Factors affecting Compaction

Factors affecting Compaction

Factors affecting Compaction

Factors affecting Compaction

Properties of Compaction Structure of compacted cohesive soil • Flocculated structure o Reduced interparticle

Properties of Compaction Structure of compacted cohesive soil • Flocculated structure o Reduced interparticle repulsion o Random particle orientation o Few but larger voids (higher permeability) • Dispersed structure o Increased interparticle repulsion o Greater degree of particle orientation ( more parallel orientation)

Properties of Compaction Strength and Compressibility • Dry side compaction yields a structure that

Properties of Compaction Strength and Compressibility • Dry side compaction yields a structure that is o brittle and of low compressibility o Higher strength • Wet side compaction o Flexible material of low strength o Reduction in permeability of soil o Appropriate for core of earth dam

Properties of Compaction •

Properties of Compaction •

Compaction Specification Work Type Specification • Tells contractor what to do and how to

Compaction Specification Work Type Specification • Tells contractor what to do and how to do it • Engineer specifies o Type of compaction equipment o Water content o Maximum lift of loose material o Number of passes of compaction equipment • Relieves contractor of liabilities Performance Specification • Tells contractor what he must achieve • The relative compaction (RC) for cohesive soils and relative density for cohesionless soils is specified • The acceptable range of moisture content is also specified • Contractor responsible for achieving required specification

Compaction Specification Relative Density – Cohesionless Soils • Applicable to clean, free draining granular

Compaction Specification Relative Density – Cohesionless Soils • Applicable to clean, free draining granular soils • Loosest possible condition (max void ratio or min dry density) • Densest possible condition (min void ratio or max dry density) •

Compaction Specification Relative Compaction – Cohesive Soils •

Compaction Specification Relative Compaction – Cohesive Soils •

Field Compaction Equipment The type of equipment selected depends on • The type of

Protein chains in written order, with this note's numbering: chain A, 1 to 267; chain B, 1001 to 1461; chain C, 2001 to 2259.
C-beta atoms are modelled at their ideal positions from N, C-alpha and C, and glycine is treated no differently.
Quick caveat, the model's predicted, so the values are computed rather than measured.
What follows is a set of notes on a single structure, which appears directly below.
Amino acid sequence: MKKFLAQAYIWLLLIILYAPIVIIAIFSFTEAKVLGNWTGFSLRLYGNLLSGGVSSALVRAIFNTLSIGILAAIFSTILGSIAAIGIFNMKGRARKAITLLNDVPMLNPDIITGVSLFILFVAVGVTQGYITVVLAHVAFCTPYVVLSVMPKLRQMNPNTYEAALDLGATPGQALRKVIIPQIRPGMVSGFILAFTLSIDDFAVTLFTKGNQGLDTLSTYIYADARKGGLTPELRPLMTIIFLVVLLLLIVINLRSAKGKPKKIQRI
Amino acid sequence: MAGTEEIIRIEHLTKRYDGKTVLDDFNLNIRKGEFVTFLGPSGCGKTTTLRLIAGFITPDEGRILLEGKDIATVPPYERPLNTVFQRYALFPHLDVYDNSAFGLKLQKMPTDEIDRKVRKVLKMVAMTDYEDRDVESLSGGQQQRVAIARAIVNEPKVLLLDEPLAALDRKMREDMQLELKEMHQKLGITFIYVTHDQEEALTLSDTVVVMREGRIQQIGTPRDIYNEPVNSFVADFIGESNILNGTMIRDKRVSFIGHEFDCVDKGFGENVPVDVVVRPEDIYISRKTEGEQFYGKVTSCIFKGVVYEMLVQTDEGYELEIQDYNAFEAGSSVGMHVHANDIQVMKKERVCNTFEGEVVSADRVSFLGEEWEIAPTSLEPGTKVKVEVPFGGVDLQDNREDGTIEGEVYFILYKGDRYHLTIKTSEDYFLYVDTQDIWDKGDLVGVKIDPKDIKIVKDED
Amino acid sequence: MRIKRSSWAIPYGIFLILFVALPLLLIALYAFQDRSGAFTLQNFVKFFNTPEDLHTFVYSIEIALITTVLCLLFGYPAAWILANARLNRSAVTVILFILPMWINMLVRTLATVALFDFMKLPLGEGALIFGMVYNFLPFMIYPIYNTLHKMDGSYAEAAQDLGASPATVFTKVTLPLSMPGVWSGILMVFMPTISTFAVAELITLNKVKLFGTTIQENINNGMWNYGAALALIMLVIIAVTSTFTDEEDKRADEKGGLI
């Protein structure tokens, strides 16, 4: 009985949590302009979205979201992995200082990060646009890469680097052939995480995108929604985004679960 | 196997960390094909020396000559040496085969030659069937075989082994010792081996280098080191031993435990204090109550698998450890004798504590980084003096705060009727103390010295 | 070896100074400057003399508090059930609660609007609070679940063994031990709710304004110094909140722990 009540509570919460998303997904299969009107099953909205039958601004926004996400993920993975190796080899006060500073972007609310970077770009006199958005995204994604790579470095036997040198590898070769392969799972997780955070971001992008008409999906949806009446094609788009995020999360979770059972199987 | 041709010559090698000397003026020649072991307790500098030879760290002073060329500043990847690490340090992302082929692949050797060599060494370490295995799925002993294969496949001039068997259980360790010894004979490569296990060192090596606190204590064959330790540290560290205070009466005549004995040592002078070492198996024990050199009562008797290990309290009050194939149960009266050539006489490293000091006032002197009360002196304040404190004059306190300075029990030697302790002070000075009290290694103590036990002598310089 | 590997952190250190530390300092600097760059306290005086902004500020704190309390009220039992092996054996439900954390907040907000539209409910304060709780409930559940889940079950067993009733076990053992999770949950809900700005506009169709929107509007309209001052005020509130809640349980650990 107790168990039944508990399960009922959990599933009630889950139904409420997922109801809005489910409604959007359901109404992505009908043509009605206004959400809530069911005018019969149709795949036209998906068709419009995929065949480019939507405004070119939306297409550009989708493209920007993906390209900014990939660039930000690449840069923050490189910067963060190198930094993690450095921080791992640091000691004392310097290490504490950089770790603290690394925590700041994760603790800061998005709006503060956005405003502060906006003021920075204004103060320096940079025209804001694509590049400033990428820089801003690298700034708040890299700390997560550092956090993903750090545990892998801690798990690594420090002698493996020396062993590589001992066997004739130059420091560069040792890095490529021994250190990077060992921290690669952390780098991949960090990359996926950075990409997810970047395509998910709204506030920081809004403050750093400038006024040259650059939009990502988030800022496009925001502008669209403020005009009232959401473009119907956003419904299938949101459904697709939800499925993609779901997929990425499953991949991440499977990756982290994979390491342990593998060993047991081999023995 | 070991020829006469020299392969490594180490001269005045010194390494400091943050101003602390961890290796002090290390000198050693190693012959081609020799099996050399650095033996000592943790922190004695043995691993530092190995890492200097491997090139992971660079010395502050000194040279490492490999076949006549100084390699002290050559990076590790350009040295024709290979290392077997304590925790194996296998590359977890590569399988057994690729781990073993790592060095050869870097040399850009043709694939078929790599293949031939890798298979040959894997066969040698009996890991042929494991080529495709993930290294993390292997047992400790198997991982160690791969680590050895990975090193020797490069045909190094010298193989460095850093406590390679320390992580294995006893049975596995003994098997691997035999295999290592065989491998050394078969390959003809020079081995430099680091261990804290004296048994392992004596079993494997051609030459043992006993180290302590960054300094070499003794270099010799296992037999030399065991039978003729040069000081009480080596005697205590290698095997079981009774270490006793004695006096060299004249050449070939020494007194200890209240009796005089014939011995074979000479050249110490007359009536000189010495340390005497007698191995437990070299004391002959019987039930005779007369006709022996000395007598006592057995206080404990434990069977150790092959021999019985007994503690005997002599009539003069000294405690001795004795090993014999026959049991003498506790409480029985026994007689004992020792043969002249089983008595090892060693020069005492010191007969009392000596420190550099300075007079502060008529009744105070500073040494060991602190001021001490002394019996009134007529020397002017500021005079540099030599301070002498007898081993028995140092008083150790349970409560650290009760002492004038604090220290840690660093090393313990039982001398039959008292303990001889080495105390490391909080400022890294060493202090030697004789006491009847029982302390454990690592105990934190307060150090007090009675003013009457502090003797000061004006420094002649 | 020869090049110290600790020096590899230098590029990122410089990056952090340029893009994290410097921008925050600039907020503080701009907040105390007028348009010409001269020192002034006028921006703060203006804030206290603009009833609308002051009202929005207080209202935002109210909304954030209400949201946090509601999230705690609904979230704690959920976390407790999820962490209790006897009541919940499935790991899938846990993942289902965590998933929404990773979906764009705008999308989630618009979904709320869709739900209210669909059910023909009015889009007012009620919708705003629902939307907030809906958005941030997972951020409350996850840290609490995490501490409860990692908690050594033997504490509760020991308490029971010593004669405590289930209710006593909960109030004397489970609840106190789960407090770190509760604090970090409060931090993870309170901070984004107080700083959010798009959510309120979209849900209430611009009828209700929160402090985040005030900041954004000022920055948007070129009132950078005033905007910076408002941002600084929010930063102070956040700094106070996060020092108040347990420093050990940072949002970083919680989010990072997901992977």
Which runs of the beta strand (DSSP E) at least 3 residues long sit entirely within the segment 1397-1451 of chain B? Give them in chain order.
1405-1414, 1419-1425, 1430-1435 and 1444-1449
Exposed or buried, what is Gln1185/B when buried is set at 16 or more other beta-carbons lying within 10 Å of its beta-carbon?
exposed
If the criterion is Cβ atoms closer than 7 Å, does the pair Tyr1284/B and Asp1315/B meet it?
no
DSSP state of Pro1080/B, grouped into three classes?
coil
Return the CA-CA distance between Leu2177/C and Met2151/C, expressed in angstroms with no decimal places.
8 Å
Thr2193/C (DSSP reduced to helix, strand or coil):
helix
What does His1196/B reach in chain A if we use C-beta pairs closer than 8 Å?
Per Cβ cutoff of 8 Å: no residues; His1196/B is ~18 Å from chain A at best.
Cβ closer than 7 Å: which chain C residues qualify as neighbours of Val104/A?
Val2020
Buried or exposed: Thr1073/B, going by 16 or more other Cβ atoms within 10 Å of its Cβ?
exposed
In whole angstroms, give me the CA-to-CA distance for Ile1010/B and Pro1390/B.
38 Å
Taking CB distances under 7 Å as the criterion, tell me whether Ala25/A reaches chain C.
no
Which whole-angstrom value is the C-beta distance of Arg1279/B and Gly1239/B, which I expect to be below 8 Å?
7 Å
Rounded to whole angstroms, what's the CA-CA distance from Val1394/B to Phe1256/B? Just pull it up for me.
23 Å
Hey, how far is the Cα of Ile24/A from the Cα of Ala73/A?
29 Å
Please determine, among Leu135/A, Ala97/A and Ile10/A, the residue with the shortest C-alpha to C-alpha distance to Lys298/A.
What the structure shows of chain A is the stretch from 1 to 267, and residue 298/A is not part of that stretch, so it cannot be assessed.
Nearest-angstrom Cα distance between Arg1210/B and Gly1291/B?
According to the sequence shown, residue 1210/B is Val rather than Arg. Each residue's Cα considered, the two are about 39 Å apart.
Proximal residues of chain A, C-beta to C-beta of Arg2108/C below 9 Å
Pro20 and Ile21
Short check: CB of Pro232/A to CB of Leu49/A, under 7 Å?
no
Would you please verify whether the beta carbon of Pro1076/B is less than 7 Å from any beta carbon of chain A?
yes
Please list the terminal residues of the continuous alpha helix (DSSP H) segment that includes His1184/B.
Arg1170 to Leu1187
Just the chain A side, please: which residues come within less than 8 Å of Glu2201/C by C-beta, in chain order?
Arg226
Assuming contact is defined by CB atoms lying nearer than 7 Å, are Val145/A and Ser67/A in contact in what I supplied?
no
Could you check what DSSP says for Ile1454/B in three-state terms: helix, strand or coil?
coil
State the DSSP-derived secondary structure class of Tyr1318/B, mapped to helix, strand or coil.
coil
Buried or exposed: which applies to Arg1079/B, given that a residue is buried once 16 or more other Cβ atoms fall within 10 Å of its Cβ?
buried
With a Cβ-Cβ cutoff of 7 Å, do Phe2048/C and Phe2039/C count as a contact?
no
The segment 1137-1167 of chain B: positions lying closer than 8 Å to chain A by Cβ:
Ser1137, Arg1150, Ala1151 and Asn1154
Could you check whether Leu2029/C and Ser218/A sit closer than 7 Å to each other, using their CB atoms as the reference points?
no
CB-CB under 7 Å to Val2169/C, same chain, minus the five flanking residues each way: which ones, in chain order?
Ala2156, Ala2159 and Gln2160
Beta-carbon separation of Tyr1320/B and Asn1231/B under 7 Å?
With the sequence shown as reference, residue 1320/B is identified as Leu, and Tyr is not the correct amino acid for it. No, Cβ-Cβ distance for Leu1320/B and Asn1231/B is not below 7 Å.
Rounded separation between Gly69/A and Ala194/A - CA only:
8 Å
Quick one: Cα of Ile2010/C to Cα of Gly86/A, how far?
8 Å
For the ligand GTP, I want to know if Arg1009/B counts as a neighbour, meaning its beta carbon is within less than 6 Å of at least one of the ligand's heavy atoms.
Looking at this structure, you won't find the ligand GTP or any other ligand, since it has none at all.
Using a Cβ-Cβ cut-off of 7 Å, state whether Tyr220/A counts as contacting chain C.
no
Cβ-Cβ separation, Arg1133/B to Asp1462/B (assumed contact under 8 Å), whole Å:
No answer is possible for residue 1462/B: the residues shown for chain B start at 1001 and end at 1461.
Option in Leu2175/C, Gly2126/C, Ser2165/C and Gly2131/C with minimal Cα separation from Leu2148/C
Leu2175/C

Field Compaction Equipment The type of equipment selected depends on • The type of soil to be compacted • The degree of compaction required • The space available for compaction

Compaction Equipment Type Suitable for Rollers Smooth wheel All soil types except wet clay

Compaction Equipment Type Suitable for Rollers Smooth wheel All soil types except wet clay and uniformly graded sand Pneumatic tyred Most soil types particularly wet cohesive soils Sheep foot Cohesive soils Rammers Dropping Weight Small jobs e. g. trenches Vibratory rollers Granular soils Vibrating plate Most soil types

Compaction Control • Compaction control tests involve determination of insitu dry density and water

Compaction Control • Compaction control tests involve determination of insitu dry density and water content of the fill o The sand replacement method o Core cutter method o Rubber balloon method • Non destructive methods include o Nuclear method • Emits gamma rays through the soil • Some absorbed; others reflects and reach a detector • Soil unit weight inversely proportional to radiation reaching detector o Intelligent compaction systems • Continuous compaction control • Measures acceleration of the drum and calculates compaction meter value ( soil modulus or stiffness)

Field vrs laboratory Compaction • Laboratory compaction can be different from the actual field

Field vrs laboratory Compaction • Laboratory compaction can be different from the actual field compaction characteristics because o Compactive effort used in lab may be different from that used in field o Particle size distribution may be different e. g. for modified AASHTO, particles larger than 20 mm are not used in lab o Rigid mould used in lab imposes strict confinement whiles in the field there is a certain degree of movement • Despite these limitations, lab tests are very useful. Information from the lab are used as a guide to o The selection of equipment o Possible level of compaction attainable in the field o Most desirable water content